Science Saving Species at Seneca Park Zoo

By Robin English, Seneca Park Zoo Senior Veterinary Technician

The Seneca Park Zoo is committed to playing a part in the conservation of species. By utilizing the scientific advances available to the zoo community, we can contribute more and more every day. Whether we are collecting samples, testing equipment, or aiding in the understanding of new techniques, the participation of the staff and the animals has helped to create a global network of collaborators for the betterment of zoo animals and their counterparts in nature.

What can be learned from collecting samples? Anything! The animal health team collects blood samples from our animals during every checkup. We also have several animals that will allow us to collect samples voluntarily. The data used from these samples can be compared across all zoos and can also be used as baseline data for samples collected from wild populations. It’s not just about the blood samples either. Over the last few decades, research on utilizing feces for analysis has grown. We can now learn hormonal changes to predict pregnancy, DNA sequencing to identify species, and more!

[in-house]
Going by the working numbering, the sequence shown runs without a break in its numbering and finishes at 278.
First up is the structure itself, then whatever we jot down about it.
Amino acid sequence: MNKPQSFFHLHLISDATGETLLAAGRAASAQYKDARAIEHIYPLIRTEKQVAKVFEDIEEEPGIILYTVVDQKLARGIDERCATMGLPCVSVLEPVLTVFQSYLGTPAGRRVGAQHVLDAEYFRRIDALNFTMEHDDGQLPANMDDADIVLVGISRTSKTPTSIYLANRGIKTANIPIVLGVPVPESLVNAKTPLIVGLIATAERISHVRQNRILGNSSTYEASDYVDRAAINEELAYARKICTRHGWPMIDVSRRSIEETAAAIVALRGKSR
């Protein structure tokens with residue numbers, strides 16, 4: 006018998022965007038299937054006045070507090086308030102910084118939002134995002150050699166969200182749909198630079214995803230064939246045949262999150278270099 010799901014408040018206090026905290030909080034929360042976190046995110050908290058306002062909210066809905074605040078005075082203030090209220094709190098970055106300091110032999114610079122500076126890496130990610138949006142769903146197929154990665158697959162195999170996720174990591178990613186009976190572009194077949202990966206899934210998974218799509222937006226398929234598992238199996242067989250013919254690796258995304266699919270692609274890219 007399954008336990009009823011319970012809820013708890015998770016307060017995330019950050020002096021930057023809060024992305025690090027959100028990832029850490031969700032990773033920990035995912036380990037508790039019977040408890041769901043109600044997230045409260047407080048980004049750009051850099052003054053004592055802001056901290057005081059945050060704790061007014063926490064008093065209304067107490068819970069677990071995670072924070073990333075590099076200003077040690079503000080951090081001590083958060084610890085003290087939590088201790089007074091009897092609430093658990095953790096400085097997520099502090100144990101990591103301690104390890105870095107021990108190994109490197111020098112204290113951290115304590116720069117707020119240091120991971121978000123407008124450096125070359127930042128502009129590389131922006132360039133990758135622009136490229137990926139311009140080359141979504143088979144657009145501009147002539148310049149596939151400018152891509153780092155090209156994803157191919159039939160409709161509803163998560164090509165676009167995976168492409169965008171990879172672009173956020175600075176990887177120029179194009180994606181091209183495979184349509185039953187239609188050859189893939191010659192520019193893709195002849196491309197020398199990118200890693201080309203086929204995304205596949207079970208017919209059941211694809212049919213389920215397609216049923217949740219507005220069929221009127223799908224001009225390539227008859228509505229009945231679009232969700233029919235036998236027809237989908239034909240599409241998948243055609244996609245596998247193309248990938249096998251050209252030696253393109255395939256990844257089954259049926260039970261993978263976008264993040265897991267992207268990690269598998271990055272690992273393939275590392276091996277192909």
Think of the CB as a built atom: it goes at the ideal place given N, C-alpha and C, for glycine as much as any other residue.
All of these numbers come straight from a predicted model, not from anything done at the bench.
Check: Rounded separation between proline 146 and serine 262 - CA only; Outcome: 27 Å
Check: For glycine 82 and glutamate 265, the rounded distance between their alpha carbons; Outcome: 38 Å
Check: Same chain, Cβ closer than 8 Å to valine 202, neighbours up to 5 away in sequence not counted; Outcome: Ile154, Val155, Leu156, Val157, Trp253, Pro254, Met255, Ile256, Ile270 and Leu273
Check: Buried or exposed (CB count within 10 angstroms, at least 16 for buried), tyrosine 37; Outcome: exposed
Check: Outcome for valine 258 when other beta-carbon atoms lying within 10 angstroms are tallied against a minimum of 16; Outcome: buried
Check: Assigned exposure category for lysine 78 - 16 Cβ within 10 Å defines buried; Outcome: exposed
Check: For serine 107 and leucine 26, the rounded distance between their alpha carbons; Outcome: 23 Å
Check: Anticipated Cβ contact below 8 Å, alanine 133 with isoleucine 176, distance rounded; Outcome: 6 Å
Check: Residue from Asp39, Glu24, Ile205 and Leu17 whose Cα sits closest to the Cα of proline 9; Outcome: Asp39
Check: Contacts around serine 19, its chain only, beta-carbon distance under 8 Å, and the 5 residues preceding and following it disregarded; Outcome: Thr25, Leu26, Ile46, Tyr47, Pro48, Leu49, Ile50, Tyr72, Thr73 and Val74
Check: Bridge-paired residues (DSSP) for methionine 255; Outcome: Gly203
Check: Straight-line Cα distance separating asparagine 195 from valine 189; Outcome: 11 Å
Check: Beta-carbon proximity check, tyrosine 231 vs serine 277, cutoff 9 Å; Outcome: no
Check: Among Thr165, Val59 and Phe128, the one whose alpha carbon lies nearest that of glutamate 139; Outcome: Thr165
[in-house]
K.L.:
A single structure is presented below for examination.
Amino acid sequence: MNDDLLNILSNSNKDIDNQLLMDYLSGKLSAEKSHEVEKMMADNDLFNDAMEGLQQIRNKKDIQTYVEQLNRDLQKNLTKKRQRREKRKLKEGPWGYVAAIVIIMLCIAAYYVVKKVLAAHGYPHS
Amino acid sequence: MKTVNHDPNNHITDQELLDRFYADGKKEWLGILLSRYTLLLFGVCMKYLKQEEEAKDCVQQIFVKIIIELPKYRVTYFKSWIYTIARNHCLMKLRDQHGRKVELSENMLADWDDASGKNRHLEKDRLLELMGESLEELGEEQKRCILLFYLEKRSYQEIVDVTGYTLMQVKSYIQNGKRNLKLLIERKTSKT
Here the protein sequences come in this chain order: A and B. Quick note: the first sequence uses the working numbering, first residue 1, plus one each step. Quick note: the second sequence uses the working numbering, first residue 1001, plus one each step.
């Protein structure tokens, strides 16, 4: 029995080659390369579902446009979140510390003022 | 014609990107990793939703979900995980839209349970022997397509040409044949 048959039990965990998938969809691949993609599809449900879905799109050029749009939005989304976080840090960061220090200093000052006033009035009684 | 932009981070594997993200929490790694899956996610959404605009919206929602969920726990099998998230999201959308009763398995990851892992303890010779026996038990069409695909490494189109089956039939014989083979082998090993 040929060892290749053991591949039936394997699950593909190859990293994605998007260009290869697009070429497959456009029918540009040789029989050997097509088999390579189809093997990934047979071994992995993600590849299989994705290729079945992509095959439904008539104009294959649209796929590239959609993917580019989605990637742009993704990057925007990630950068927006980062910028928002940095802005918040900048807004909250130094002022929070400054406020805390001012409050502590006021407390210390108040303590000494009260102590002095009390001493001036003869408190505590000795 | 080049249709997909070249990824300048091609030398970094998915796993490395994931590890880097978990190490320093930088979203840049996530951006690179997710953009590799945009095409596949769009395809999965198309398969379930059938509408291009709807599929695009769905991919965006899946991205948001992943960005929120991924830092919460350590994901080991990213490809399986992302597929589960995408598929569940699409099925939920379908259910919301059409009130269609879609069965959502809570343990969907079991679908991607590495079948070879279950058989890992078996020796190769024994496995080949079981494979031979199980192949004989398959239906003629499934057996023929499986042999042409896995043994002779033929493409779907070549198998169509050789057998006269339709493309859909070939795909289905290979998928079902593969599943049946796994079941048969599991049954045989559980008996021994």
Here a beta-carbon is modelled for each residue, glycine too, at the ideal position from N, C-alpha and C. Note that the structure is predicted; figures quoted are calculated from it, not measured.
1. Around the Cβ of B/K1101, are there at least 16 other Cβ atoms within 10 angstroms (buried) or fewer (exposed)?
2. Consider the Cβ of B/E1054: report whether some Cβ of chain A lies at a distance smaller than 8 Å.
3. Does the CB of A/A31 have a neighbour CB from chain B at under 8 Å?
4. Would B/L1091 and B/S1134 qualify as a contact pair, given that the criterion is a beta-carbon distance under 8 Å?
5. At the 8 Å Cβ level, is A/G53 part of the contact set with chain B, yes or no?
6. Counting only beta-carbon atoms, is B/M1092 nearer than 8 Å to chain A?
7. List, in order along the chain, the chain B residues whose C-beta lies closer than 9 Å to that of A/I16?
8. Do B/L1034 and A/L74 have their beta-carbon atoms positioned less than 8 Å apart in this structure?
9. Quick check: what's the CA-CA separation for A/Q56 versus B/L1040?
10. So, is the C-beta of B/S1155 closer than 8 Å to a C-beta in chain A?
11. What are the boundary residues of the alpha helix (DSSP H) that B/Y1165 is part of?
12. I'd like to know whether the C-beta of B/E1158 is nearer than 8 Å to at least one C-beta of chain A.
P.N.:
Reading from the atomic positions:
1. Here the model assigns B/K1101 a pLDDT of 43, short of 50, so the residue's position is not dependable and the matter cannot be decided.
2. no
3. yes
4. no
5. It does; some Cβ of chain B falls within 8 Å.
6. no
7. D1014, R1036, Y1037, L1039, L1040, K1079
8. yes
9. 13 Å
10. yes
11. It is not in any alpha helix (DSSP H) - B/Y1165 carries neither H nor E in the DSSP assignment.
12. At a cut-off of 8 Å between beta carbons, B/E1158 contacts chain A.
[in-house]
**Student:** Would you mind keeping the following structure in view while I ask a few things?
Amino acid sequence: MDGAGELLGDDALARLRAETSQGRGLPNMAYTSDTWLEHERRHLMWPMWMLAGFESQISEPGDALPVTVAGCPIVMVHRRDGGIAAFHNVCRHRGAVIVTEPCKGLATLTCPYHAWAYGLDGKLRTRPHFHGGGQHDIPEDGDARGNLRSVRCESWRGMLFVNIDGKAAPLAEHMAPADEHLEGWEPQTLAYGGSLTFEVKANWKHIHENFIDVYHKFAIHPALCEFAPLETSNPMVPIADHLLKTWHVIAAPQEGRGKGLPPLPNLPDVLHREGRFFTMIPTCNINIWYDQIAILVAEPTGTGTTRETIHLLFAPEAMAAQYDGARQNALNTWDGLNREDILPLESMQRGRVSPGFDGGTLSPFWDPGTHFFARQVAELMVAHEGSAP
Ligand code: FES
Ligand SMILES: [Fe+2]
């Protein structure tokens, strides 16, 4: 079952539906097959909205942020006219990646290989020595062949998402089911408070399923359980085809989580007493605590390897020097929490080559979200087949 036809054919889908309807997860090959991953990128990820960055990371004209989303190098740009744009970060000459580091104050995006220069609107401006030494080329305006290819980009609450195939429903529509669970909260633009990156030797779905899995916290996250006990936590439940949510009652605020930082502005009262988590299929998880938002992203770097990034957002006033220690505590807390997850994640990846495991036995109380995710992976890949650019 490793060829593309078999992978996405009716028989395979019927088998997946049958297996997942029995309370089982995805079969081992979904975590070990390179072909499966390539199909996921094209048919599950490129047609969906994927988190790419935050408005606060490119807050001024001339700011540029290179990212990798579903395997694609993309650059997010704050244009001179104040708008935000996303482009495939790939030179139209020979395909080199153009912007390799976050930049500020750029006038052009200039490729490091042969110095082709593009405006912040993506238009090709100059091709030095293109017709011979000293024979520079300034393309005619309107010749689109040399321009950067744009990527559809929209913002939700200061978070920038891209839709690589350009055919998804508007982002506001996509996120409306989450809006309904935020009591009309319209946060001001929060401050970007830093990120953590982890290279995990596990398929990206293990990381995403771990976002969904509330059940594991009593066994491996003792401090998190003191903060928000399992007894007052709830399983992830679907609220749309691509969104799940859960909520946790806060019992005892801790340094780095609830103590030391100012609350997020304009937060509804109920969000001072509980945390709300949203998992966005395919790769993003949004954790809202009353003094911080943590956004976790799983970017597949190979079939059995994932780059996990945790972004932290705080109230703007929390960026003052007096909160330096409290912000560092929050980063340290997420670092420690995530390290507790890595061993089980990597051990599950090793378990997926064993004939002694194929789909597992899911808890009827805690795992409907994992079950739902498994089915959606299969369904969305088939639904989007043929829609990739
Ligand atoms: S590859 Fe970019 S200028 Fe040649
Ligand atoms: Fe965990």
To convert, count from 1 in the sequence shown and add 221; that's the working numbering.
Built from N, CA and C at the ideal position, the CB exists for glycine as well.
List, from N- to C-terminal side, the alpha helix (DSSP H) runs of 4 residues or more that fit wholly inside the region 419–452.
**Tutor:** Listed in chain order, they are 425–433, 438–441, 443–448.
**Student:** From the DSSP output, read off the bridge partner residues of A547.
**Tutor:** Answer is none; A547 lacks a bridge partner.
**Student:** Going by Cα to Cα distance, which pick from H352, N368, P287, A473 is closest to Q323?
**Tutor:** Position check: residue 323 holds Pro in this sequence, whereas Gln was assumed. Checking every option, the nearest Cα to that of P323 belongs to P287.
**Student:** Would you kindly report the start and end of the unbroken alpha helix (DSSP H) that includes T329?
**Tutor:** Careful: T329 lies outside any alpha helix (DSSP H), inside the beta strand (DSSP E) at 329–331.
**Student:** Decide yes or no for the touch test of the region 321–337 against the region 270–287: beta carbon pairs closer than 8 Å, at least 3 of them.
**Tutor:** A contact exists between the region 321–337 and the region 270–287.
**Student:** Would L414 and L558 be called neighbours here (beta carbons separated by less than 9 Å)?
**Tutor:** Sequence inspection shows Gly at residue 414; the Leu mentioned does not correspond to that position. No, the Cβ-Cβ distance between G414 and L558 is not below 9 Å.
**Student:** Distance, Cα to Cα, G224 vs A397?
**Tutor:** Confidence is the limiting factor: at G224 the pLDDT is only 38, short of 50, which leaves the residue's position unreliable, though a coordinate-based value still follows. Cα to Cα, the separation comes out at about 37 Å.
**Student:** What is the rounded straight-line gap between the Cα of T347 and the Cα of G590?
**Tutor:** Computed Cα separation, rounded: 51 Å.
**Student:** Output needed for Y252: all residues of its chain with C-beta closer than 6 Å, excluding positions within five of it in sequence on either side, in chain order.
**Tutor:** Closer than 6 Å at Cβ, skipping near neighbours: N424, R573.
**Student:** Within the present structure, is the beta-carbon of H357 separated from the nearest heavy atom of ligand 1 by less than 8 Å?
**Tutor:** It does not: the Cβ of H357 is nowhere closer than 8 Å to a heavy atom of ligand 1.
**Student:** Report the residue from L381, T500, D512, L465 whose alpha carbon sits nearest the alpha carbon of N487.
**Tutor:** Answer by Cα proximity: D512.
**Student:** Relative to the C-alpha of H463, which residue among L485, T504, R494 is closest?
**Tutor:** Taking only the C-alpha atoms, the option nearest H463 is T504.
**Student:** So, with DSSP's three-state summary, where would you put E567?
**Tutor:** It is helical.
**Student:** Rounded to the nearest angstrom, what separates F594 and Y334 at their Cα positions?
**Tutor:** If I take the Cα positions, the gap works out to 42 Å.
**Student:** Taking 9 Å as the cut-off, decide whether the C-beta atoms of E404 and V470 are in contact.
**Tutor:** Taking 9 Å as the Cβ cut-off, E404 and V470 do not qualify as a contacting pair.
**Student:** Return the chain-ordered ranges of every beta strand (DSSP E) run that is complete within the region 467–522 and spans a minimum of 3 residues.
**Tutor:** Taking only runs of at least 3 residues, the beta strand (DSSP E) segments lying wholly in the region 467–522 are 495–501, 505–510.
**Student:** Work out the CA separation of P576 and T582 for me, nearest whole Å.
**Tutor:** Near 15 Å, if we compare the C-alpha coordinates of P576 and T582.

Masai giraffe Kipenzi participating in a blood draw

How do researchers know their equipment will work in nature? They bring it to the zoo for trials! Our African elephants have tested radio telemetry devices to see how they will stand up to the challenge. The designers can then make adjustments before deploying valuable equipment into the field.


Can zoo animals help to learn more about in situ populations? You bet they can! Our polar bear, Anoki, participated in a bite study where the amount of bites she took from a food item was compared to that of polar bears in nature. She has also been photographed so researchers can compare body condition markers of a healthy bear with those in nature.

Want to learn more about how Science is Saving Species? Stop by the zoo this weekend and chat with our veterinary technicians to find out more!


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